“The He took the five loaves and two fish, raised His eyes to heaven, and said the blessing over them, then he broke them and handed them to His disciples to distribute among the crowd” (Luke 9: 16).


Today we celebrate the Solemnity of the Most Holy Body and Blood of Jesus Christ, traditionally called Corpus Christi Sunday. It is interesting how the Church, in her wisdom, has guided us in the last two weeks to reflect deeply into the mystery of God. Without assuming to unravel the full depth of divine nature, we have been systematically led to contemplate God in His Diverse Oneness. Two Sundays ago, we celebrated the Feast of Pentecost, recalling the outpouring of the Holy Spirit, whose power and inspiration ignited the fire of courageous witnessing in the apostles, and continues to be our Teacher and Guide. Last week, we celebrated the Solemnity of the Blessed Trinity, during which we contemplated God in His Triune nature – One God in Three Persons. God the Father creates; God the Son redeems; and God the Spirit sanctifies – distinct in functions yet one is substance. Today, we are celebrating God the Son, Jesus Christ, Who gives His Body and Blood as food for salvation of man and redemption of the world. “I am the Living Bread that came down from heaven whoever eats this bread will live forever, and the bread that I shall give is for the life of the world … My Body is real food and My Blood is real drink” (John 6: 51, 55). These solemnities are not merely recalling events of the past, but they are in fact invitations to a dynamic living of the past in the present moment of our faith journey.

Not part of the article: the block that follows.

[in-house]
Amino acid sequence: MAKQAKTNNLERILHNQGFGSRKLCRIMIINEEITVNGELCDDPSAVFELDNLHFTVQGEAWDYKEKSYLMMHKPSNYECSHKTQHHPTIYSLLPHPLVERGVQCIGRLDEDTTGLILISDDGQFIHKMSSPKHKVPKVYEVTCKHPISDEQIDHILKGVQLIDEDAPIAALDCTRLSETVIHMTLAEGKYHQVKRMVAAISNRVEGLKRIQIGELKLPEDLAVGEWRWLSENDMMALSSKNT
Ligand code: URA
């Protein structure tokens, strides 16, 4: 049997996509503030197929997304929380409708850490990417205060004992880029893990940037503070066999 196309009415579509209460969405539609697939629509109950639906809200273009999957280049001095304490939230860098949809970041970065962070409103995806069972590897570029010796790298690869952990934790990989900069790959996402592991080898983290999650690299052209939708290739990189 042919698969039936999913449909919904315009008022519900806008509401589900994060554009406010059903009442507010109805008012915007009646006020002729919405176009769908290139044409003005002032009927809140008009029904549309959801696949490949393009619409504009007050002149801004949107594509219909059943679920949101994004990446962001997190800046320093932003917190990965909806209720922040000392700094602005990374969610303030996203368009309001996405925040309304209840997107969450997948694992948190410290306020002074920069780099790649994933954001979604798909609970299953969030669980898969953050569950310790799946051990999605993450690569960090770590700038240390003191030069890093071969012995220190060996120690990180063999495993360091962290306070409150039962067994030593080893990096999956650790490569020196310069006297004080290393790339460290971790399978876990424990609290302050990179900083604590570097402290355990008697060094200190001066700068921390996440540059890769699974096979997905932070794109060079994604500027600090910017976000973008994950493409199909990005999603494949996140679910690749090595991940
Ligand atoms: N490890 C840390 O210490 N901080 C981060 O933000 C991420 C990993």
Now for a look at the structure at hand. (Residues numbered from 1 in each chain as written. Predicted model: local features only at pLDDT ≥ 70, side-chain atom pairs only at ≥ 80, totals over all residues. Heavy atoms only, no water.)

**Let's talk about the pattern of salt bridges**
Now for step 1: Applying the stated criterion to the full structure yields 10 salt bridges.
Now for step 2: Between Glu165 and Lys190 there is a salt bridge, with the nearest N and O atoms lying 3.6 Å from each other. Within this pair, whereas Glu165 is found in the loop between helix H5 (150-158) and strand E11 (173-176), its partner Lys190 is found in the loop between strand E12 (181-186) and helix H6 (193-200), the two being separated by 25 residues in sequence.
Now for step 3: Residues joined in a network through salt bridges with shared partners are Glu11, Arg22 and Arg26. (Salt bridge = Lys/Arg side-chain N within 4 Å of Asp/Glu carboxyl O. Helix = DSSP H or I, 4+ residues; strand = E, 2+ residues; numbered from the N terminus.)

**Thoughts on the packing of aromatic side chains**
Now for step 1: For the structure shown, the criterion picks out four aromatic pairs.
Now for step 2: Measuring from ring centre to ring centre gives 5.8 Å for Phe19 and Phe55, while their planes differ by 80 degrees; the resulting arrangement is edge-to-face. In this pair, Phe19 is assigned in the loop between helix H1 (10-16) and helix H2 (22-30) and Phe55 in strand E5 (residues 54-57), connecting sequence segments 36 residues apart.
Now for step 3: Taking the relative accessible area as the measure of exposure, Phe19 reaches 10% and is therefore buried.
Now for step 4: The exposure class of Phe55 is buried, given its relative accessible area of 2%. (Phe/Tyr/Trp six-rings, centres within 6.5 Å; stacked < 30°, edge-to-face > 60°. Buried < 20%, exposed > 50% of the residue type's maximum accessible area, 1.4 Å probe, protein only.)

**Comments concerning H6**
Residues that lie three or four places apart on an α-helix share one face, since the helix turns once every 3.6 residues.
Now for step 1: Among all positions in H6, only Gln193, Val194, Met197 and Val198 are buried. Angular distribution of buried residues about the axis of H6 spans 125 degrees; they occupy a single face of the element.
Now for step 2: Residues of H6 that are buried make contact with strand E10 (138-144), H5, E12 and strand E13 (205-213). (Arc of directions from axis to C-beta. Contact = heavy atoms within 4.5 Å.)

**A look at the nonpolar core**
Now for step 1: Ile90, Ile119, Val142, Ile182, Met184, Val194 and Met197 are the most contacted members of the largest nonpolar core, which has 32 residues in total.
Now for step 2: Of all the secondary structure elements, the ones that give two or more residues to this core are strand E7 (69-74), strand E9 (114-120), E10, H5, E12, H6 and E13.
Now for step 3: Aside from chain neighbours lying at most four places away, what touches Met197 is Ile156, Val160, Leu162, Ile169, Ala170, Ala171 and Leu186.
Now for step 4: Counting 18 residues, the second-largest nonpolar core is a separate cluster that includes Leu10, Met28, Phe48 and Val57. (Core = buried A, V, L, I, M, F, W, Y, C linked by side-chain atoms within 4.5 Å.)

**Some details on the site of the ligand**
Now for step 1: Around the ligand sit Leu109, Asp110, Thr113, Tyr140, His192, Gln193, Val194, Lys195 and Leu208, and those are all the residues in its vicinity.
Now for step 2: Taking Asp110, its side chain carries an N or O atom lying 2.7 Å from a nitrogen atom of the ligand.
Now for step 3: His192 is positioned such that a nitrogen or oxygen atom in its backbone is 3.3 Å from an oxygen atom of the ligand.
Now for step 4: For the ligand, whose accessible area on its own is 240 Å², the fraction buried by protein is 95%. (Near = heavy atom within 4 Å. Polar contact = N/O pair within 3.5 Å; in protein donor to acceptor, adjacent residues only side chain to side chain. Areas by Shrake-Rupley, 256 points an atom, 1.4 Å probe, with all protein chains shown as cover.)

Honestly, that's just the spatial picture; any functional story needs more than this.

The Readings of today are directly linked to the feast we are celebrating. In Genesis 14: 18-20, Melchizedek is revealed as both king of Jerusalem and priest of the Most High God. He is given two titles that immediately point to Jesus, Who is both King and Priest. He brings “bread and wine” to bless Abraham in thanksgiving to God, Who gave him victory over his enemies. The Psalm relates to Melchizedek as a royal priest. It was typically used during the coronation ceremony of the king, who plays the priestly role in the midst of his people. St. Paul’s account of the Last Supper, used for our Second Reading (1 Corinthians 11: 23-26), is the earliest record of the institution of the Eucharist. Notice the verbs: “took … thanked … broke” which are reflected in the narrative of St. Luke’s narrative of the Feeding of the Five Thousand (Luke 9: 11-17).

The Miracle of the Multiplication of the Loaves and Fish or the Miracle of the Feeding of Five Thousand is the only miracle of Jesus that is captured by all the Four Gospels. This is most likely to emphasise how crucial this miracle was to understanding the mission of Jesus. Apart from its compassionate spices, it encapsulates the Mission Statement of Christ: “I have come that they may have life and have it in full” (John 10: 10). How was He to give us this life? To answer this very simply, it was by His giving us His Body and Blood as bread and wine in anticipation of His ultimate self-offering on the Cross.